In the township the population was spread out, with 25.2% under the age of 18, 3.6% from 18 to 24, 21.9% from 25 to 44, 32.9% from 45 to 64, and 16.4% who were 65 years of age or older. The median age was 44 years. For every 100 females, there were 93.9 males. For every 100 females age 18 and over, there were 91.9 males.
The median income for a household in the township was $111,297, and the median income for a family was $128,719. Males had a median income of $95,737 versus $57,308 for females. The per capita income for the township was $72,689. None of the families and 1.1% of the population were living below the poverty line, including none under eighteen and 3.3% of those over 64.
Harding Township is governed under the Township form of New Jersey municipal government, one of 141 municipalities (of the 564 statewide) that use this form, the second-most commonly used form of government in the state. The Township Committee is comprised of five members, who are elected directly by the voters at-large in partisan elections to serve three-year terms of office on a staggered basis, with either one or two seats coming up for election each year as part of the November general election in a three-year cycle. At an annual reorganization meeting held during the first week of January, the Township Committee selects one of its members to serve as Mayor and another as Deputy Mayor, each serving terms of one year.
Eleven standing committees are appointed at the reorganization meeting including planning, zoning and legal; finance and insurance; public safety; public works and building; personnel; recreation commission; freeholder liaison; Glen Alpin Steering liaison; school board liaison; open space liaison; and board of health liaison. Two members of the township committee serve on each standing committee and provide oversight to the departments.
As of 2023[update], members of the Harding Township Committee are Mayor Timothy D. Jones (R, term on committee ends December 31, 2024; term as mayor ends 2023), Deputy Mayor Rita Chipperson (R, term on committee and as deputy mayor ends 2023), Nicole Lacz (R, 2024), Nicolas Platt (R, 2025) and Christopher M. Yates (R, 2023).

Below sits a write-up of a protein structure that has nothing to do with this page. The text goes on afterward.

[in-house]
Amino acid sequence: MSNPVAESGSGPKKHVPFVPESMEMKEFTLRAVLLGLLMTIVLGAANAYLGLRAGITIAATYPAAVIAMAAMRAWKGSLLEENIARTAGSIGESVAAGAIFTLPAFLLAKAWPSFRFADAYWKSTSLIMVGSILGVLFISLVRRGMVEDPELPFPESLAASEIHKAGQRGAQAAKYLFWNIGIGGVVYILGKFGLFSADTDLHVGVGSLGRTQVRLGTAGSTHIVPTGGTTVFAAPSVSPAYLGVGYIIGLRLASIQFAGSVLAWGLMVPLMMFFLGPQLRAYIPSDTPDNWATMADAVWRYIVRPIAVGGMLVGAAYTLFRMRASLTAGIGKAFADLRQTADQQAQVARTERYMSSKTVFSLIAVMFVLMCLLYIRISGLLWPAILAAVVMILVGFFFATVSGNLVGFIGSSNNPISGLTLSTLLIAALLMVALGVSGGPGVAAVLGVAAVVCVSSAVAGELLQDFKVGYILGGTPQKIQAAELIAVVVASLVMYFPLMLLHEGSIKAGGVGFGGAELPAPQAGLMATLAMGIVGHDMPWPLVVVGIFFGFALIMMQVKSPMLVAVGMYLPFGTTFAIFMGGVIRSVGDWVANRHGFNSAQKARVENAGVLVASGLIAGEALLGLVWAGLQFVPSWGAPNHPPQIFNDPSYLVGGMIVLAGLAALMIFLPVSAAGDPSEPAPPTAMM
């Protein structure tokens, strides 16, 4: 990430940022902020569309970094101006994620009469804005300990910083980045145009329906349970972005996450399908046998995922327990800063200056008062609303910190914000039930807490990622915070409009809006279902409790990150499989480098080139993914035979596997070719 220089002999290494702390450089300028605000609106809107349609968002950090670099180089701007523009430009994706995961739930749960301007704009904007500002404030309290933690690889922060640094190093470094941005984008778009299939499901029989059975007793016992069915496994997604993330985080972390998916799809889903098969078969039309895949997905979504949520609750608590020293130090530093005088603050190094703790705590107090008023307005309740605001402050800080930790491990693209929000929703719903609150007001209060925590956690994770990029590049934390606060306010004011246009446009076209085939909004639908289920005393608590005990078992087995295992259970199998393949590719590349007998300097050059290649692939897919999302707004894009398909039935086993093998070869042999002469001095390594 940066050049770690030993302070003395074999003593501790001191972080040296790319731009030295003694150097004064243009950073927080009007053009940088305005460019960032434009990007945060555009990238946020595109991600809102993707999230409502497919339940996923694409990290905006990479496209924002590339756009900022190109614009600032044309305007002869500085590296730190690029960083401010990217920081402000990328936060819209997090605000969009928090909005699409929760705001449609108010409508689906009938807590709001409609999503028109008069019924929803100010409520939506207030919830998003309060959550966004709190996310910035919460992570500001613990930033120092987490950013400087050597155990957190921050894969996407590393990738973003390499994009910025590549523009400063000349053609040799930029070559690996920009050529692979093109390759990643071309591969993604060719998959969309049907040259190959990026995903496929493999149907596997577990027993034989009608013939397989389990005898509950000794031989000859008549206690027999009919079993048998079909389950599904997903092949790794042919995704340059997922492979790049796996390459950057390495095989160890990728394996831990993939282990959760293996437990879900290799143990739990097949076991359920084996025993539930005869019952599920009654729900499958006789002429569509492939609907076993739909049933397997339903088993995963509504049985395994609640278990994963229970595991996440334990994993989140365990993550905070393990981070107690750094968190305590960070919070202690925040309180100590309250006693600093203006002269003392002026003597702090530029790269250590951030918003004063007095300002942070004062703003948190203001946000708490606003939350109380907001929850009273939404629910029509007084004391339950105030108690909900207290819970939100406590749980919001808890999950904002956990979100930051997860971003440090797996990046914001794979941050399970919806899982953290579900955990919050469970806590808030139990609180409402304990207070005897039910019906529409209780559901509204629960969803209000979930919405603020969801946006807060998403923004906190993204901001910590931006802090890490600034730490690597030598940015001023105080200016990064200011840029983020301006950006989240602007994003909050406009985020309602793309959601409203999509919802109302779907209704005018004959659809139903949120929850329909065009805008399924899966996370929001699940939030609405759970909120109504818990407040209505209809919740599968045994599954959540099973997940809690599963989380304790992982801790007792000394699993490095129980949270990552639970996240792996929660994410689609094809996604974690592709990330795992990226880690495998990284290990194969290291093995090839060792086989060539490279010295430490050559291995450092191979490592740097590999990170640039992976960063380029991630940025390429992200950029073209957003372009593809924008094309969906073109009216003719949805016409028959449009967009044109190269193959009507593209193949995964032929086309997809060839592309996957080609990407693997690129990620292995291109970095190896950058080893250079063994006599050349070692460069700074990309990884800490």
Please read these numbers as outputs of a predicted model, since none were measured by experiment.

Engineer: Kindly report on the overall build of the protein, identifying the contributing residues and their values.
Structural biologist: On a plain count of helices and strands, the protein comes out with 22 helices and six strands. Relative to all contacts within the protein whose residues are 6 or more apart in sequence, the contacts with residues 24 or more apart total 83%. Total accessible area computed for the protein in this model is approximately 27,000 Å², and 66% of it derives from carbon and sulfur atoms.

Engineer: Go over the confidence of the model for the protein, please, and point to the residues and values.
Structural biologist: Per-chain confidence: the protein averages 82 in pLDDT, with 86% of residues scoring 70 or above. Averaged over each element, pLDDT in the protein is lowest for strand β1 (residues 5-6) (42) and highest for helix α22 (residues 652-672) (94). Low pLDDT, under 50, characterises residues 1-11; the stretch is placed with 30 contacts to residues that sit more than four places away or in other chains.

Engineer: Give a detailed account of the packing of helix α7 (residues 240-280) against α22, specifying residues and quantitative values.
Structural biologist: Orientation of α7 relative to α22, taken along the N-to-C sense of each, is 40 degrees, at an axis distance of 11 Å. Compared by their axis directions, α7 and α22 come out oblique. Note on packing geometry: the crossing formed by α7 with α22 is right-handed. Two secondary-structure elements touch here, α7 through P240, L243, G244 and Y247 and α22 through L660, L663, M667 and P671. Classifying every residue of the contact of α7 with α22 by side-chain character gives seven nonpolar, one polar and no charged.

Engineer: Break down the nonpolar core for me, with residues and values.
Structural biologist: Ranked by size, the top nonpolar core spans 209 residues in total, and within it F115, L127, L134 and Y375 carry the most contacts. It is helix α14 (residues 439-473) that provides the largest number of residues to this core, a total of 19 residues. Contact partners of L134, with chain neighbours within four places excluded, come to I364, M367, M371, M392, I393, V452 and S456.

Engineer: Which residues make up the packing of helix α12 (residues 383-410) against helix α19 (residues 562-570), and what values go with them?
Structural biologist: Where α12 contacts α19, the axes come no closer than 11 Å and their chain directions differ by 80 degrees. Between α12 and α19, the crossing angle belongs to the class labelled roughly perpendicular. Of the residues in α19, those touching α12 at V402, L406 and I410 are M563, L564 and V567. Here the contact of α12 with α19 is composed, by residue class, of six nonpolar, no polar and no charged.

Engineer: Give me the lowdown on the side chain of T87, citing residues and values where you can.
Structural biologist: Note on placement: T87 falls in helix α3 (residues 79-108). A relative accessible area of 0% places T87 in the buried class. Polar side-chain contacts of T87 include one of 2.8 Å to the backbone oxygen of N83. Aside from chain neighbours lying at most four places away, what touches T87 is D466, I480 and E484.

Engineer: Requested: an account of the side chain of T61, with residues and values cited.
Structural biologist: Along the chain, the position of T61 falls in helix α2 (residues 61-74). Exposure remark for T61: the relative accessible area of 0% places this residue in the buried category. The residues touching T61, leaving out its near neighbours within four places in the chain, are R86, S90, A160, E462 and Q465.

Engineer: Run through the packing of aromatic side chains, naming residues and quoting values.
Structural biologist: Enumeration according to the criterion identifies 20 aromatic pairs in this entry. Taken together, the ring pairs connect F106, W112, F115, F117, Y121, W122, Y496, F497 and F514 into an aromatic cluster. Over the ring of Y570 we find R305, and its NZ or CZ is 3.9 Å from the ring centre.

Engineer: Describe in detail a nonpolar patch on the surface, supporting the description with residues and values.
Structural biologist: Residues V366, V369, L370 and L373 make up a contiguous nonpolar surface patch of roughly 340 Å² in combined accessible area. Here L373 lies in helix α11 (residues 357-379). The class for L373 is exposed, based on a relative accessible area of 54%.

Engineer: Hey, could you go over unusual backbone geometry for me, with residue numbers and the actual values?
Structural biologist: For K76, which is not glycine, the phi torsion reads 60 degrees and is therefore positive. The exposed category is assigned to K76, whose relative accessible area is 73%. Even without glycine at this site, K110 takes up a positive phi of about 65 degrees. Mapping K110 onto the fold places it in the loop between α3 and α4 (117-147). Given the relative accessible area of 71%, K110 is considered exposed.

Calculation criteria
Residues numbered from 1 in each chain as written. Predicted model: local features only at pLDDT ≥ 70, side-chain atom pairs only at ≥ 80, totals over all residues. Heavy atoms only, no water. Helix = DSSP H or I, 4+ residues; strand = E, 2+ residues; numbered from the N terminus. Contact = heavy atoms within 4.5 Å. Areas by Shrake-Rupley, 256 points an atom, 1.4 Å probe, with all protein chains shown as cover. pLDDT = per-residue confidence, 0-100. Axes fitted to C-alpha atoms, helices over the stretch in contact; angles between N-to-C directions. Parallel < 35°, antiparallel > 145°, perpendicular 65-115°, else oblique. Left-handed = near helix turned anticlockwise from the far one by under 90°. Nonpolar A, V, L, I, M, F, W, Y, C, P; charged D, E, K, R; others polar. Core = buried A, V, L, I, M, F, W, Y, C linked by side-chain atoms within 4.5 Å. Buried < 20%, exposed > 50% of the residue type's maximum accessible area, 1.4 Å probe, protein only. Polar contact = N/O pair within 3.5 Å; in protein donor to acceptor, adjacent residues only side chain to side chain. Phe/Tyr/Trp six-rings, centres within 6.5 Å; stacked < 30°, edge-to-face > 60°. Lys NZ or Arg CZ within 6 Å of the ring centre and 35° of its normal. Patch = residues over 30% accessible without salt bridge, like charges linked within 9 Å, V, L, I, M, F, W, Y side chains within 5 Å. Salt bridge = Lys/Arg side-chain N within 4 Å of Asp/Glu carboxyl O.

Federal, state and county representation
For the 118th United States Congress, New Jersey's 11th congressional district is represented by Mikie Sherrill (D, Montclair). New Jersey is represented in the United States Senate by Democrats Cory Booker (Newark, term ends 2027) and Bob Menendez (Englewood Cliffs, term ends 2025).
For the 2022–2023 session, the 25th Legislative District of the New Jersey Legislature is represented in the State Senate by Anthony M. Bucco (R, Boonton Township) and in the General Assembly by Brian Bergen (R, Denville Township) and Aura K. Dunn (R, Mendham Borough).
Morris County is governed by a Board of County Commissioners comprised of seven members who are elected at-large in partisan elections to three-year terms on a staggered basis, with either one or three seats up for election each year as part of the November general election. Actual day-to-day operation of departments is supervised by County Administrator Deena Leary.: 8 As of 2023[update], Morris County's Commissioners are: Director John Krickus (R, Chatham Township, 2024), Deputy Director Christine Myers (R, Harding, 2025), Douglas Cabana (R, Boonton Township, 2025), Thomas J. Mastrangelo (R, Montville, 2025), Stephen H. Shaw (R, Mountain Lakes, 2024), Deborah Smith (R, Denville, 2024) and Tayfun Selen (R, Chatham Township, 2023): 2 
The county's constitutional officers are: Clerk Ann F. Grossi (R, Parsippany–Troy Hills, 2023), Sheriff James M. Gannon (R, Boonton Township, 2025) and Surrogate Heather Darling (R, Roxbury, 2024).
As of March 2011, there were a total of 3,025 registered voters in Harding Township, of which 466 (15.4%) were registered as Democrats, 1,443 (47.7%) were registered as Republicans and 1,115 (36.9%) were registered as Unaffiliated. There was one voter registered to another party.